When you think of great wine from Piedmont, you probably think of Barolo and Barbaresco and not much else, right? I mean, really. What else is there?
Well the zones called Barolo and Barbaresco are located within the geographical location called the Langhe. The Langhe is within the political province of Cuneo. There are other provinces in Piemonte: Torino, Biella, Novara, Verbano-Cusio-Ossola, Vercelli, Alessandria, and Asti. Most of the other Piemontese provinces produce high quality and distinctive wines too, but many of those wines don’t leave their local area so the rest of us wouldn’t know. (They keep all the good ones for themselves!)
You could easily be confused by the name “Asti” because not only is it the name of a politically-defined province, it is also a city and a geographical wine region. In fact, the wines called Barbera d’Asti and Moscato d’Asti are just what their name implies, “Barbera from Asti” and “Muscat from Asti.” These are quite possibly two wines you know already.
Barbera d’Asti achieved an international reputation right around the same time as Barolo and Barbaresco. The best Barbera d’Asti wines are terroir-driven and benefit from long aging. All three of these DOCG-status wines started to hit the international market at roughly the same time: the 70’s and 80’s.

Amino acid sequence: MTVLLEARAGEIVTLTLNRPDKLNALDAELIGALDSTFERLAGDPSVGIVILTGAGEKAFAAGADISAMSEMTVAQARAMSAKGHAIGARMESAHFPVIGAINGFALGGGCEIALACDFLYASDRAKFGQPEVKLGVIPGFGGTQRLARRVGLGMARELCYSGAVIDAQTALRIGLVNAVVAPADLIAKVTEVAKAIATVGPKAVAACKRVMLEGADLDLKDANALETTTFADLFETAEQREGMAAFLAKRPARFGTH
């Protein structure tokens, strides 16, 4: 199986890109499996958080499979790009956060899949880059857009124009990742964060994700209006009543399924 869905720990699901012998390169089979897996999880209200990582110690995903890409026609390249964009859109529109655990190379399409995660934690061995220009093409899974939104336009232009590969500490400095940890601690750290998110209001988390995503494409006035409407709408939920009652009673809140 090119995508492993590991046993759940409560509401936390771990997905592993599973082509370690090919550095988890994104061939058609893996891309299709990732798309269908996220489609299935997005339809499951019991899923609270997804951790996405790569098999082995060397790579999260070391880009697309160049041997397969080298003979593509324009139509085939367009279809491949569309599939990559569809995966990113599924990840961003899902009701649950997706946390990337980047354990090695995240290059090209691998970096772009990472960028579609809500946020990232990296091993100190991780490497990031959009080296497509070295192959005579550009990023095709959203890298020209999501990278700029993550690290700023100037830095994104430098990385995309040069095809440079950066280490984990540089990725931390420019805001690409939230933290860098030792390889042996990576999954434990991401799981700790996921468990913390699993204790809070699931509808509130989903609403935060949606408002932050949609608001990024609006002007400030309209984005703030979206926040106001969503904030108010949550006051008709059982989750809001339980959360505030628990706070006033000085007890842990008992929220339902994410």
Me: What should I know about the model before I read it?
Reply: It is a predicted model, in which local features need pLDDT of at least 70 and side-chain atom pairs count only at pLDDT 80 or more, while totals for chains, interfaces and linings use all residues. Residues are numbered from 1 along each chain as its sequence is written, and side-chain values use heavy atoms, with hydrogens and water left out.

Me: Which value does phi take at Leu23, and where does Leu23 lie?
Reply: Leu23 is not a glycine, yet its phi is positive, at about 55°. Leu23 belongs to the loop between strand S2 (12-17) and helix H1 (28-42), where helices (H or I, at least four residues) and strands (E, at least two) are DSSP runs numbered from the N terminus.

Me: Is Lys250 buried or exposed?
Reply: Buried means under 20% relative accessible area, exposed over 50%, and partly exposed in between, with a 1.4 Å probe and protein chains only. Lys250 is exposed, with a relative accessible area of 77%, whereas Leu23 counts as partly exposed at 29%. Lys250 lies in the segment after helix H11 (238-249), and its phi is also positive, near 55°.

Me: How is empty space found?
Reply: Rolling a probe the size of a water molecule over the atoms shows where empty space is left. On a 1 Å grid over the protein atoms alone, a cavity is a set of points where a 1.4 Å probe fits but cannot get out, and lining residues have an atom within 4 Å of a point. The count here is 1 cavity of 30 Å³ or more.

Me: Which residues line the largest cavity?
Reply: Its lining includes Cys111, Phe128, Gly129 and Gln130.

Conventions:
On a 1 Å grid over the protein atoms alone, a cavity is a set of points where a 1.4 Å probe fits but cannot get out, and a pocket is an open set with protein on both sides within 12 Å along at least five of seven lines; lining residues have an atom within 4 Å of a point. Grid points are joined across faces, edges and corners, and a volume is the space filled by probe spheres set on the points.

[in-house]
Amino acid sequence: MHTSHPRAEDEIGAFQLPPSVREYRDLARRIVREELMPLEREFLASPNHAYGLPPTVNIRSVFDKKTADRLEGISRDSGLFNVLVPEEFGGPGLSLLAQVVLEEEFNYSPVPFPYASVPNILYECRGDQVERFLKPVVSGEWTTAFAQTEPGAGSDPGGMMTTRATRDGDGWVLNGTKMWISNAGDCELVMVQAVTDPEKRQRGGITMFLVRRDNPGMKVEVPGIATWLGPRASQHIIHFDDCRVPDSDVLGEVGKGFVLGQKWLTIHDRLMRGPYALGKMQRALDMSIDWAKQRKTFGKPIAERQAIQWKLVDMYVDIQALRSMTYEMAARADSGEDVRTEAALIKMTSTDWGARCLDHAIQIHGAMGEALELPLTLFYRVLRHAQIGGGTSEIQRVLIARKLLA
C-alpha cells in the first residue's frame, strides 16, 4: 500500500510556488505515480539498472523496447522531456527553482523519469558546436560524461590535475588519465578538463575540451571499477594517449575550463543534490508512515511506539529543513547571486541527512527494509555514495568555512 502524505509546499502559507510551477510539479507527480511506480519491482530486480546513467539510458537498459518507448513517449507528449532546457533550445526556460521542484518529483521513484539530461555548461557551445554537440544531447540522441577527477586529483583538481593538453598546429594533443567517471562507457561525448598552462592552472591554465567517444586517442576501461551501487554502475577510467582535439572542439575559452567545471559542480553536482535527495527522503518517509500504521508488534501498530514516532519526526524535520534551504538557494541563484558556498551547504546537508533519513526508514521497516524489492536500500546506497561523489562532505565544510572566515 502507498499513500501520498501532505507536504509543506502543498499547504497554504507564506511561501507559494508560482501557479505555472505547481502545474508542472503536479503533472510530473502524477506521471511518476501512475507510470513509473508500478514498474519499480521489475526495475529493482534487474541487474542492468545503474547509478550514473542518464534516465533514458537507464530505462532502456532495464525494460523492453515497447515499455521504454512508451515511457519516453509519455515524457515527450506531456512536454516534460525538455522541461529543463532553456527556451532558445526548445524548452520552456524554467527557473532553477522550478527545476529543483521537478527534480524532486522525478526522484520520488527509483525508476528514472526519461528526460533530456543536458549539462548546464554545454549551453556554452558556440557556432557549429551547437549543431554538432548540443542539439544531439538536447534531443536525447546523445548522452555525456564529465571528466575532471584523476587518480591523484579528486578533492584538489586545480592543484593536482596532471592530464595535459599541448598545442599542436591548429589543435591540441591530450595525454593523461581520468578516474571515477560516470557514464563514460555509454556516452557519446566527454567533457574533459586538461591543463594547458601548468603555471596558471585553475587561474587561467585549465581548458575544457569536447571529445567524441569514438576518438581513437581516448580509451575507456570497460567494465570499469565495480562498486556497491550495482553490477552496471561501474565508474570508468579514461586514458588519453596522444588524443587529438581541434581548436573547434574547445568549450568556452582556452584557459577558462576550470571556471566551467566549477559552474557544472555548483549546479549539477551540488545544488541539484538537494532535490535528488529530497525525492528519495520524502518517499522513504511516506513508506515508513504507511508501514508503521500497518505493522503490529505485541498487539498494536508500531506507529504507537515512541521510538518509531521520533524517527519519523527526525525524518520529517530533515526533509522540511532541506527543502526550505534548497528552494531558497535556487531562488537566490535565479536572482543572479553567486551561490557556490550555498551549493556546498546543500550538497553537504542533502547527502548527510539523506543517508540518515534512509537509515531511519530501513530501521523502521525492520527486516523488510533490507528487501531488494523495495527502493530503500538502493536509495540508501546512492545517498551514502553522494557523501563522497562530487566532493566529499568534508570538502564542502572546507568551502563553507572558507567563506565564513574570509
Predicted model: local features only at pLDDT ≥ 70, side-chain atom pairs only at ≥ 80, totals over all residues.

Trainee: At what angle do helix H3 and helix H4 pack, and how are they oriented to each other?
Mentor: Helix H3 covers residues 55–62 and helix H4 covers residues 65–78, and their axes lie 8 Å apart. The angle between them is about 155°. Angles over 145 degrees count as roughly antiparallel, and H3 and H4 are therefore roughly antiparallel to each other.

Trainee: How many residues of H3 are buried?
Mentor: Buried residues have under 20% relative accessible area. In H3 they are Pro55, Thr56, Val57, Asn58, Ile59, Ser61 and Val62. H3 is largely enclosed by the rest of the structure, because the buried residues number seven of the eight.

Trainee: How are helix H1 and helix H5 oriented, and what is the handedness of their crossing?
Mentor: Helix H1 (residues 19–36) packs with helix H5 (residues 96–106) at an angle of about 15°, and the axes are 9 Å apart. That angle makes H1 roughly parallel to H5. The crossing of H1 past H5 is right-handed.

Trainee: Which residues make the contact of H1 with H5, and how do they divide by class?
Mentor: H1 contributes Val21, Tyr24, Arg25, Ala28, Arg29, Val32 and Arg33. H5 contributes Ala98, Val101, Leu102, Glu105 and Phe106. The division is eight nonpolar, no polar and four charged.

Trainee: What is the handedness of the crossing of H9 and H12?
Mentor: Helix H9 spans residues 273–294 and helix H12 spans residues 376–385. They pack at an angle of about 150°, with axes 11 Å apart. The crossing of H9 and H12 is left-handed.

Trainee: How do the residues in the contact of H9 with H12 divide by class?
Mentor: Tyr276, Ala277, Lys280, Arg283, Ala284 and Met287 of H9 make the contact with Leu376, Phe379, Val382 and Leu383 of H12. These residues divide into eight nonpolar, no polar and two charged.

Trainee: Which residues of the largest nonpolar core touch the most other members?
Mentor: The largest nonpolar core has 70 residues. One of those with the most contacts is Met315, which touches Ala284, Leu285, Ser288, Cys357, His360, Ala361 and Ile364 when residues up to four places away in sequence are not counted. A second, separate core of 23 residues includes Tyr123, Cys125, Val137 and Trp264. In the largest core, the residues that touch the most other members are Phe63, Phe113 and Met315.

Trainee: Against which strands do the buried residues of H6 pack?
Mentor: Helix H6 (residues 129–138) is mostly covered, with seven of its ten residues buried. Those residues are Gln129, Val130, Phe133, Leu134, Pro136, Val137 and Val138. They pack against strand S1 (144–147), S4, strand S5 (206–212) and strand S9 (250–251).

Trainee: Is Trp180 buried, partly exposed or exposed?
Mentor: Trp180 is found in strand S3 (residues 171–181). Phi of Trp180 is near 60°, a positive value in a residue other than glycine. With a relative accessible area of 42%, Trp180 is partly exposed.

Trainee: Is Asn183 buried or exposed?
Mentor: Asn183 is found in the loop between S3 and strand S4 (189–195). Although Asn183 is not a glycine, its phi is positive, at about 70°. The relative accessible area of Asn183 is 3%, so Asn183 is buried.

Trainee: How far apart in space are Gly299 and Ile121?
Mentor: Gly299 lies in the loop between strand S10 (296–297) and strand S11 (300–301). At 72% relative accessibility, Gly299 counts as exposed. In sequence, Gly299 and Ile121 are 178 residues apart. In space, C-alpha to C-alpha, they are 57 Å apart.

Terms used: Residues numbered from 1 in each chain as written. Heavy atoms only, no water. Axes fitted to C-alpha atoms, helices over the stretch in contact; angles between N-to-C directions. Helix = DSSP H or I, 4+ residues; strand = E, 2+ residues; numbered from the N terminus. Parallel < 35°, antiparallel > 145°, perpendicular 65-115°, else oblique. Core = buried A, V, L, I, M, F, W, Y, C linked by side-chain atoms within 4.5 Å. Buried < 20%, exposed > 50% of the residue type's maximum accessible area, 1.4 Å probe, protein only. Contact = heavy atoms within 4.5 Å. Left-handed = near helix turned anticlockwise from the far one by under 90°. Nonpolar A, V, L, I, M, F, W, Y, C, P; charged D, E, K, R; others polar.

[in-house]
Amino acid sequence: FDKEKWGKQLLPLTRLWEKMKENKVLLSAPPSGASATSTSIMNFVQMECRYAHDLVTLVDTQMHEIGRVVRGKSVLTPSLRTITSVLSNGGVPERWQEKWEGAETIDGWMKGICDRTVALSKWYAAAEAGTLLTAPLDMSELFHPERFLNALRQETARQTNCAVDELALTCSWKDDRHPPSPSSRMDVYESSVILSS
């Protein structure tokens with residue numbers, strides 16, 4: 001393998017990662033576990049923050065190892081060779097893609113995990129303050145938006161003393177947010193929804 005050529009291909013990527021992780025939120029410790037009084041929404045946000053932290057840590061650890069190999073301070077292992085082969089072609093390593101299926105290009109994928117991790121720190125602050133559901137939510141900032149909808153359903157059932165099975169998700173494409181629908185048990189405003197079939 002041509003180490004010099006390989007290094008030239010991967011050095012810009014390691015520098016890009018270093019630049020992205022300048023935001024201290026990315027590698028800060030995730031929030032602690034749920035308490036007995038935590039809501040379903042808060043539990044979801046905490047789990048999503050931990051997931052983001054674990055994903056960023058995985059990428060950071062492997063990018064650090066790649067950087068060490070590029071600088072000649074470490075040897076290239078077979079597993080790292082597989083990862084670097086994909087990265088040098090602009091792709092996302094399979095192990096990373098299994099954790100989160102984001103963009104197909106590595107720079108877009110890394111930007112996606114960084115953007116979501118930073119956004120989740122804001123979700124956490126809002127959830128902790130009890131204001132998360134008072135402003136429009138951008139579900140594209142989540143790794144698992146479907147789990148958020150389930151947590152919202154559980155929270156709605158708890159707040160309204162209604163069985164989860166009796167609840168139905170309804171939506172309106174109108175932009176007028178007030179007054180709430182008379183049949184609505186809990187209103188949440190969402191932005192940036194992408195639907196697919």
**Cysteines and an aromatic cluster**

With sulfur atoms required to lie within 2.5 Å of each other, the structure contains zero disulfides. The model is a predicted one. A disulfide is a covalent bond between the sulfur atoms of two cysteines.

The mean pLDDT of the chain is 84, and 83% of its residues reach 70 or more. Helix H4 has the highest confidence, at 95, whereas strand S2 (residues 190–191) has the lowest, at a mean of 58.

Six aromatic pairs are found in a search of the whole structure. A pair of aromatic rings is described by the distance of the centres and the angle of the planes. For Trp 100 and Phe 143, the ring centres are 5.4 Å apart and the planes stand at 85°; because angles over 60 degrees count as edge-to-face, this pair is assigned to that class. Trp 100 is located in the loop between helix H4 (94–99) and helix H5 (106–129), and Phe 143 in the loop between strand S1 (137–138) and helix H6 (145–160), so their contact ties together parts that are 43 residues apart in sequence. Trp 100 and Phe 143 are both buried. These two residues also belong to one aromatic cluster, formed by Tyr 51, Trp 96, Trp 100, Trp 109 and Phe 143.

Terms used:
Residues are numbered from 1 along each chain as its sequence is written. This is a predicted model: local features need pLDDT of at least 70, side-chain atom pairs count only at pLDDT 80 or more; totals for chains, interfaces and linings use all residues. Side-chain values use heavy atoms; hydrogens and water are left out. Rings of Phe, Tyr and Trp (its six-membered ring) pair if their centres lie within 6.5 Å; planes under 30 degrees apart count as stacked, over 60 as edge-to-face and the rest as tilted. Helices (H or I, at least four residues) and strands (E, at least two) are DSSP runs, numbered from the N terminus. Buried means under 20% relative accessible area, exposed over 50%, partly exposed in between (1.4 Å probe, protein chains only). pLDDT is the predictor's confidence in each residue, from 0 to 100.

Moscato d’Asti is fairly popular in the US these days. It is the same thing as Asti Spumante, except that fermentation is halted earlier in the production process and therefore Moscato d’Asti has less effervescence, lower alcohol, and a higher sugar content compared to its spumante (“fully sparking”) counterpart. Asti Spumante enjoyed its fame in the US in the 70’s and 80’s but now the sweet version, Moscato d’Asti, is a go-to wine at dessert time.
So is there really anything else in Asti?
Yes! There is a ton! It is a truly diverse zone, offering many unique and autochthonous wines. But outside of the region, people just don’t realize how much great wine there is! As for me, I’m partial to one of its most unique grapes: Ruchè.
Ruchè in its most prized form comes from the Monferrato zone, which stretches throughout and around the villages of Castagnole Monferrato, Montemagno, Portacomaro, Refrancore, Scurzolengo, Grana, and Viarigi. The wine-growing zone of Monferrato extends (confusingly, I know) into both the Asti and Alessandria provinces. The area is roughly delimited by the grey area on the following map.
Within these confines, Ruchè enojys both a DOC and DOCG status. Ruchè di Castagnole Monferrato DOC can have a little bit of Barbera and or Brachetto blended in (I don’t think percentages are clearly defined) and most commonly is not aged in oak at all. Ruchè di Castagnole Monferrato DOCG, or just Ruchè DOCG, must be made with a minimum of 95% Ruchè grapes and a maximum of 5% of other red grapes of the area. The DOCG wine has specific yield, aging, and alcohol percentage requirements. It is also not commonly aged in oak.